Having made this last trip with the 17th Airborne Scions last month there are several things I remember concerning Col. Kormann. The first is that everywhere we went Col. Kormann was not forgotten even though he could not make the trip. He was presented many things given to the veterans who were on the trip.

Second at the school St. Joseph in Bastogne I met a young woman who 15 years ago when we were there also was the student who sat next to the Kormanns. She was disappointed that he could not make this trip but understood that he was not well. She showed me a stack of letters & cards that she received from the Kormanns over the 15 years. She even showed me pictures that she had of the 17th Airborne trip 15 years ago.

Lastly I had the pleasure & especially the honor as a executive member of the Scions to unveil Col. Kormanns name plaque near the tree in his honor at the Bastogne Peace Woods. About two weeks after the Scions trip I called & spoke to Col. Kormann & his wife Elsa. I told him these 3 things from the trip especially how he was not forgotten. I told him that Jerry and Pat O'Brien would be delivering all of his momentos from the trip . Mrs Kormann thanked me & told me that I made his day.

I will always remember Col. Kormann as the founder of the 17th Airborne Scions & respected him so much. He will be missed. I wish his family our condolences at this sad time. Col. Kormann you will never be forgotten.

From Jeff Schumacher:

Even after knowing John Kormann for just a relative few years, it is clear he is a man who makes an impact on everything he touches...a positive impact.  I'm thinking back to events or reunions for which it was known that John and Elsa would be attending.  When they arrived - you knew.  Not because they 'made an entrance',  but because one could sense their presence.  I think everyone could.     
And, of course, John's voice is unmistakable.  Whether singing "Eternal Father..." or telling a story or making a toast, you had to hear and listen.  The magic was not just the tone or tenor of John's voice, it was what was behind the words - which was his integrity and his passion.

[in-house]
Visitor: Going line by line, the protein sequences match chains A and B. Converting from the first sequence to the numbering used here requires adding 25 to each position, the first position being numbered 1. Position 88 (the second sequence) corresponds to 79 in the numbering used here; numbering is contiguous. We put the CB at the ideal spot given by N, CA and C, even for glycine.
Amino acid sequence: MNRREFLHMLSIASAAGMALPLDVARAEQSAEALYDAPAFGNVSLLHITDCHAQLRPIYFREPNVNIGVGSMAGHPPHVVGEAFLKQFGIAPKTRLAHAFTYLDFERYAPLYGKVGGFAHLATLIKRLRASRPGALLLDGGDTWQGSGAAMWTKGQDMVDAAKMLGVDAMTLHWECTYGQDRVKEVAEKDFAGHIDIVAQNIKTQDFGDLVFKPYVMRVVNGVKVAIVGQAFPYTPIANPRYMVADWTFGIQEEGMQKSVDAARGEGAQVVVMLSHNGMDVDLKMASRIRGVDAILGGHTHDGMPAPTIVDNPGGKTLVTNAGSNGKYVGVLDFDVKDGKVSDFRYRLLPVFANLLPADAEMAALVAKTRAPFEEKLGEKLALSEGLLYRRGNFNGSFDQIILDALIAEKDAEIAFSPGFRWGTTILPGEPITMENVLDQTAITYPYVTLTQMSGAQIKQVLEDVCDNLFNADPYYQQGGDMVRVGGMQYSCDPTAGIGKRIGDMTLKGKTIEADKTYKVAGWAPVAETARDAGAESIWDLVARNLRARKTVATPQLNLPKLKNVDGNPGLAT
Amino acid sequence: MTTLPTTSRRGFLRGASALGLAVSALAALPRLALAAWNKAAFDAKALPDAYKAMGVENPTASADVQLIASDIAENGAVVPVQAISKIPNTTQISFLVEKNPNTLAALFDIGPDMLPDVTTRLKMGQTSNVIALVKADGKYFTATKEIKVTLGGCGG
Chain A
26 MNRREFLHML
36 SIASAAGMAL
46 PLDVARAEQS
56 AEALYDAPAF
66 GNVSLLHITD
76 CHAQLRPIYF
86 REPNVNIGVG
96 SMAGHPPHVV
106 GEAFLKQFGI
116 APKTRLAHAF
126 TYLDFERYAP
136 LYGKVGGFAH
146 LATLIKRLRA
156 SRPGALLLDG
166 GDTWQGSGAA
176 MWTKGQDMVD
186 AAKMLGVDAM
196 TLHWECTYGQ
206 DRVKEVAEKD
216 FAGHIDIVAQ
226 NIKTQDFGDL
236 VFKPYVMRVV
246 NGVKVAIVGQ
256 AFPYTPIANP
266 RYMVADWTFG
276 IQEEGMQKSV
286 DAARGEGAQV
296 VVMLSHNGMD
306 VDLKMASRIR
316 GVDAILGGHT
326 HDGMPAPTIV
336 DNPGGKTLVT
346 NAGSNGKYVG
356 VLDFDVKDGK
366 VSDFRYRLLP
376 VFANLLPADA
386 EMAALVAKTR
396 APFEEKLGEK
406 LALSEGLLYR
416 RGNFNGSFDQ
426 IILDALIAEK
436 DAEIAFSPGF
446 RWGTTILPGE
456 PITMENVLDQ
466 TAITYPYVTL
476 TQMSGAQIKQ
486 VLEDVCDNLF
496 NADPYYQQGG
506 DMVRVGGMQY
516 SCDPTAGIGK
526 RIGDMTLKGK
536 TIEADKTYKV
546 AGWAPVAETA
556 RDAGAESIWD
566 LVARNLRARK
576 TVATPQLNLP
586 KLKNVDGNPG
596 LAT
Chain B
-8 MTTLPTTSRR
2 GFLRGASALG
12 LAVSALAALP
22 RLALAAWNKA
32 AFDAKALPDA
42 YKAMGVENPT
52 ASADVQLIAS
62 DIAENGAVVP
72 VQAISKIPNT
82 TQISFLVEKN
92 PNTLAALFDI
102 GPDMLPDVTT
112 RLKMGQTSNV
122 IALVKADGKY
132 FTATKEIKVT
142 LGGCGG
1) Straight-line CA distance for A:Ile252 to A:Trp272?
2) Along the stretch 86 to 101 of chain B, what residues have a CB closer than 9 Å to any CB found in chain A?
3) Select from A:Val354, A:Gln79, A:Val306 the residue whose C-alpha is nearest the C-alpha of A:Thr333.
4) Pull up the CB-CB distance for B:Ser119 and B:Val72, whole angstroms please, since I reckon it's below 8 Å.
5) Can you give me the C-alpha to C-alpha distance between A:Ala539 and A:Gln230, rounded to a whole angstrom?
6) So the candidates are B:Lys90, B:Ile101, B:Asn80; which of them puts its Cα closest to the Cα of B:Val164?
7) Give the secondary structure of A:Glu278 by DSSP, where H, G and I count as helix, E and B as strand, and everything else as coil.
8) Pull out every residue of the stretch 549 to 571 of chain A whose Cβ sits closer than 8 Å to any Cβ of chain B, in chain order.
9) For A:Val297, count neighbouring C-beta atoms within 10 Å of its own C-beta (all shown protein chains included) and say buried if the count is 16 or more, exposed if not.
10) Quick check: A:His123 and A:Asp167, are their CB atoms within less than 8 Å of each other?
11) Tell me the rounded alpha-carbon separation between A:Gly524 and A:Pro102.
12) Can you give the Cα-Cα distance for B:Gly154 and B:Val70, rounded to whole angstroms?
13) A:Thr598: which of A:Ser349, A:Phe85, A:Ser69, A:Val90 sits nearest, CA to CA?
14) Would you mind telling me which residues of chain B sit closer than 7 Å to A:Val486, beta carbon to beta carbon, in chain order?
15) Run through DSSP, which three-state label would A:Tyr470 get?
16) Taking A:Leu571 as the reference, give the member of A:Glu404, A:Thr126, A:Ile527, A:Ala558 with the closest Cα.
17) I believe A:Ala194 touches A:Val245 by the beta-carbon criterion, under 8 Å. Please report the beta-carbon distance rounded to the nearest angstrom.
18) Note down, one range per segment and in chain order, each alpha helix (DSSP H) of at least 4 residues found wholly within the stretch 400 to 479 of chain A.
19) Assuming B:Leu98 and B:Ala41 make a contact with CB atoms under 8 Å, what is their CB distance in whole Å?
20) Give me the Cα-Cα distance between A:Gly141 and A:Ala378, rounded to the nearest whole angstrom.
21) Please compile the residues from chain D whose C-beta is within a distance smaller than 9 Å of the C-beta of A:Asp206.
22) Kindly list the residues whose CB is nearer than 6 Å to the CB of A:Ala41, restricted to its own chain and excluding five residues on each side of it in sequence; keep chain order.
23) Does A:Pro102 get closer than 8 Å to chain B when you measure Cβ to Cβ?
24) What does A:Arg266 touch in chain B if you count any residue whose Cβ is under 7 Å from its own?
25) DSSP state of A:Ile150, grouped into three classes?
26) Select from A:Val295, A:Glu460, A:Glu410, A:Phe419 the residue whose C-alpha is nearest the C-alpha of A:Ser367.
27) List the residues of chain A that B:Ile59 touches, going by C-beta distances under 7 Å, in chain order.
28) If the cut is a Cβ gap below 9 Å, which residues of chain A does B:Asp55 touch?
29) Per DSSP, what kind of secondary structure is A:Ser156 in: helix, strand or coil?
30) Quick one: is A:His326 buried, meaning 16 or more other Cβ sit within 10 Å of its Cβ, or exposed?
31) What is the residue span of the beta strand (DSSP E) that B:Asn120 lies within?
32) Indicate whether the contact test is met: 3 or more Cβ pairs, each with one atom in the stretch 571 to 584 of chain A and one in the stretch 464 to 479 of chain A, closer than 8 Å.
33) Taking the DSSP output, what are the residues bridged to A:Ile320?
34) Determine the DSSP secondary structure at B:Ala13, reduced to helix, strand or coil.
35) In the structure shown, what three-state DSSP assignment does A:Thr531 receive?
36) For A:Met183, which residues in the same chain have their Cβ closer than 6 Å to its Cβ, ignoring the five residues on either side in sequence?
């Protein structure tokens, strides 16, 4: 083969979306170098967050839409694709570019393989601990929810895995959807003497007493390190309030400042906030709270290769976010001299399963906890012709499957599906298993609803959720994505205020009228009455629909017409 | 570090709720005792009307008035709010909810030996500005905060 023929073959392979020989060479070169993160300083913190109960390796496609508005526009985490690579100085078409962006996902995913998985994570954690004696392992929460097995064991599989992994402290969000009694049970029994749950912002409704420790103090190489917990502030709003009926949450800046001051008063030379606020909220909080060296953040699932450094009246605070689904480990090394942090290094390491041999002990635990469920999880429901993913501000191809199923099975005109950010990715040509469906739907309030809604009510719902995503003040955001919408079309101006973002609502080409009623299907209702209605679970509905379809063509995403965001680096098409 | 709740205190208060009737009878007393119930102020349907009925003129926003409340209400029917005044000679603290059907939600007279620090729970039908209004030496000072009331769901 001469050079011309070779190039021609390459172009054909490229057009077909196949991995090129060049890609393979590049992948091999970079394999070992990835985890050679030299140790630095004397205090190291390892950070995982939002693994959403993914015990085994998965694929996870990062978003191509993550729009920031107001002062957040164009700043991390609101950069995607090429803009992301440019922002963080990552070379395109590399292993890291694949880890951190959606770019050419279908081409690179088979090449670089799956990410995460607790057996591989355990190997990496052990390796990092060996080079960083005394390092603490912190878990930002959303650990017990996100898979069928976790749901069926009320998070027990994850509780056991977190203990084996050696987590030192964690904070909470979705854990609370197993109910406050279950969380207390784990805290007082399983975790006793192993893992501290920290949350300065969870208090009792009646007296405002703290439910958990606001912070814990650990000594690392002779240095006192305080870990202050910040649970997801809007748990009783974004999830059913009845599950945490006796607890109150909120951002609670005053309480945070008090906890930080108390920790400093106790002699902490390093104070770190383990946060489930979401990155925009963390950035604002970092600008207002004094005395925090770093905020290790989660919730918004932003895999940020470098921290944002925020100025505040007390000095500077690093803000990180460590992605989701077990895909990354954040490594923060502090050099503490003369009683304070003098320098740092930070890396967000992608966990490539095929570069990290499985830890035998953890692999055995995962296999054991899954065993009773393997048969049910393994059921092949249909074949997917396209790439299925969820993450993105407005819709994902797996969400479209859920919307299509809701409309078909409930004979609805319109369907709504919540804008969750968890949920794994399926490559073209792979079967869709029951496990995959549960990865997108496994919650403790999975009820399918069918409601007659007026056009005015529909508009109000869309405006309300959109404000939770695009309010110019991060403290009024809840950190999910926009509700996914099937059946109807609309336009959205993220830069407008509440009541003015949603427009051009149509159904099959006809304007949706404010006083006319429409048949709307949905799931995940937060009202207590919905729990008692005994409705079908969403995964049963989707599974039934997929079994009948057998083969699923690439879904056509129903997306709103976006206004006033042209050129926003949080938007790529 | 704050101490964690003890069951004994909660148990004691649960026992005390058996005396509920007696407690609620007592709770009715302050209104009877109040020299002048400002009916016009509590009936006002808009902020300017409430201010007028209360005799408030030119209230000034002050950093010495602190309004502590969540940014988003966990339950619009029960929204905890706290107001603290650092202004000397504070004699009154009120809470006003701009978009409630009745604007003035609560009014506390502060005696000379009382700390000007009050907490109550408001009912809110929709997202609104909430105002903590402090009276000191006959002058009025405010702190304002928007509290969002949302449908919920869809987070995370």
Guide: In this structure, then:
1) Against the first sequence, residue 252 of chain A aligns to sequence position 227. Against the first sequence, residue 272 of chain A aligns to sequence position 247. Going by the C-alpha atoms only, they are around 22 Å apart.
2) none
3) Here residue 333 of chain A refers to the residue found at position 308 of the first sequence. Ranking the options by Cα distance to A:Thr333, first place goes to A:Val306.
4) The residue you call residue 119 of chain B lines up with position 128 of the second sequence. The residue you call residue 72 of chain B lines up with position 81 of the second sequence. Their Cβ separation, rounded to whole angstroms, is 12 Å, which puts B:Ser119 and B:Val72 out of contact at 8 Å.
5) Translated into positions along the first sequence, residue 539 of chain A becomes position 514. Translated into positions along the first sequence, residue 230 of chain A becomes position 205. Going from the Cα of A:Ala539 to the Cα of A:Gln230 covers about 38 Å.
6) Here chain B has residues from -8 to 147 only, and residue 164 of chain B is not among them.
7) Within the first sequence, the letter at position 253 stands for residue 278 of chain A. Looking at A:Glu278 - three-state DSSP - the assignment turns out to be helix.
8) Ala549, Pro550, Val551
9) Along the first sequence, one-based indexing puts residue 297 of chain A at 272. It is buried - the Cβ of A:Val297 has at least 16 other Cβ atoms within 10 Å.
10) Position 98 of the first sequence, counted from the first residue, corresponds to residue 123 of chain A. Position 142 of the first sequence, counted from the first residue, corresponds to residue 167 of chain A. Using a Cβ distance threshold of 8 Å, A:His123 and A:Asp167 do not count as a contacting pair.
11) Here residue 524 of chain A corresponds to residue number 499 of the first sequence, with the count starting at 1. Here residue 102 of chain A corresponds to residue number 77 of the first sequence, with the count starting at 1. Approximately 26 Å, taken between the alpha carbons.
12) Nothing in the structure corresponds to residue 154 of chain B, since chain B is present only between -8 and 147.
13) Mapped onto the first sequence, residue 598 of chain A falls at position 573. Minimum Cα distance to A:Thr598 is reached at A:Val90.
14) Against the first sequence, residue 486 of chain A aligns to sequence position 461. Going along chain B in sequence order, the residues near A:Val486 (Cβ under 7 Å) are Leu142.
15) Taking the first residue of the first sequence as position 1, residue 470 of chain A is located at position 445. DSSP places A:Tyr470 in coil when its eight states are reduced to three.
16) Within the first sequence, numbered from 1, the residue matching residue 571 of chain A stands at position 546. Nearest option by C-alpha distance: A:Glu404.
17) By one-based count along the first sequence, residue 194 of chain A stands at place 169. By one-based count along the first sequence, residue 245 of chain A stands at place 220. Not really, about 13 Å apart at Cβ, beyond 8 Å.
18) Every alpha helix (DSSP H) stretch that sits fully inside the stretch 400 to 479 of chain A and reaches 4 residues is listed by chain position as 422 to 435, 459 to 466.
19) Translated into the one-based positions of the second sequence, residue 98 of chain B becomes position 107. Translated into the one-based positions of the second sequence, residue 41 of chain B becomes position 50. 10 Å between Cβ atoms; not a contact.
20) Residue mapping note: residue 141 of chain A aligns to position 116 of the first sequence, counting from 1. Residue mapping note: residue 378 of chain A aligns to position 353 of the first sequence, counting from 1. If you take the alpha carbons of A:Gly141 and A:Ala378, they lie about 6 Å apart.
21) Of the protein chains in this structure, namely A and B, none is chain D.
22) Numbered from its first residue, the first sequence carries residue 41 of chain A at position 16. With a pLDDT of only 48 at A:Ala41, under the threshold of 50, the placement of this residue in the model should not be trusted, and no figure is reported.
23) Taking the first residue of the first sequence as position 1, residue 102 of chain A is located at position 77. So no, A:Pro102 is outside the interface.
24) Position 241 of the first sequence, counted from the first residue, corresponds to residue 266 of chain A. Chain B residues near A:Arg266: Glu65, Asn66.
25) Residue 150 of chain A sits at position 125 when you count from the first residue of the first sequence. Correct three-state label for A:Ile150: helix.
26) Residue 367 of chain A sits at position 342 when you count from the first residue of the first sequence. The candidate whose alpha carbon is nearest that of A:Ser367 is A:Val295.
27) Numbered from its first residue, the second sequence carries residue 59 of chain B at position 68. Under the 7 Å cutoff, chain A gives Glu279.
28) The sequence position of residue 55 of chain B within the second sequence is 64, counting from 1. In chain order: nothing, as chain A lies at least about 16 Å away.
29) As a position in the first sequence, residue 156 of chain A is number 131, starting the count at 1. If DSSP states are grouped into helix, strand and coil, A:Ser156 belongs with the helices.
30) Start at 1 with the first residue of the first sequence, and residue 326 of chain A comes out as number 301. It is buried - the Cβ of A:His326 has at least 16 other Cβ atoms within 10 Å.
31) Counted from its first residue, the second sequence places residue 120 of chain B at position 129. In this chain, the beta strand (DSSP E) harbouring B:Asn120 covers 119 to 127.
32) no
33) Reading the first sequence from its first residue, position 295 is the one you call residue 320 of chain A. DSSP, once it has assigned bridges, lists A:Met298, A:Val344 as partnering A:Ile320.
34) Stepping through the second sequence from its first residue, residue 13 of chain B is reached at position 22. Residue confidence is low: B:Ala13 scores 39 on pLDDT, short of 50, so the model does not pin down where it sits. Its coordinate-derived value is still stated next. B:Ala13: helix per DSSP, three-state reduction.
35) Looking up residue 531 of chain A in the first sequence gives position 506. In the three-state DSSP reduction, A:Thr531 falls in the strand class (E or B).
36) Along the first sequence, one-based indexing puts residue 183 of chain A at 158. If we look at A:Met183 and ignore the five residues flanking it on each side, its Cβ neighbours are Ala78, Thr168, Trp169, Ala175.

I have two recent "Colonel" stories.  One was while my father, John was in the hospital in early March.  The phone rang and it was Andrea, with Colonel John standing by.  He talked for 5 solid minutes about the importance of we as Americans to stand up and show the world that for which we stand for...and in doing so can bring renewed respect and leadership to the world.  "I believe our best days lie ahead of us..."  This from a man of the Greatest Generation, at 90 years of age...ever and always encouraging and uncovering the best from all he encountered.  

The other story is one shared with many of our Scions as we gathered together on the 24th of March, in Wesel, in remembrance of Operation Varsity.  On that day, we all heard from John. And we heard his voice brighten distinctly at the mention of Elsa.  It was a privilege 
I have in my mind's eye the picture of John and Elsa - always together - such as at reunions. With one,  you could be sure to find the other.  For any of us to be so fortunate...

I regret that I do not have more personal stories that I can adequately share. But having had the opportunity to spend time, learn from and call John Godlove Kormann my friend outweighs any such trivial regret. 
Jeff Schumacher – Son of John Schumacher (194th GIR)

My Thoughts on Colonel Kormann's Passing

by Rose Friday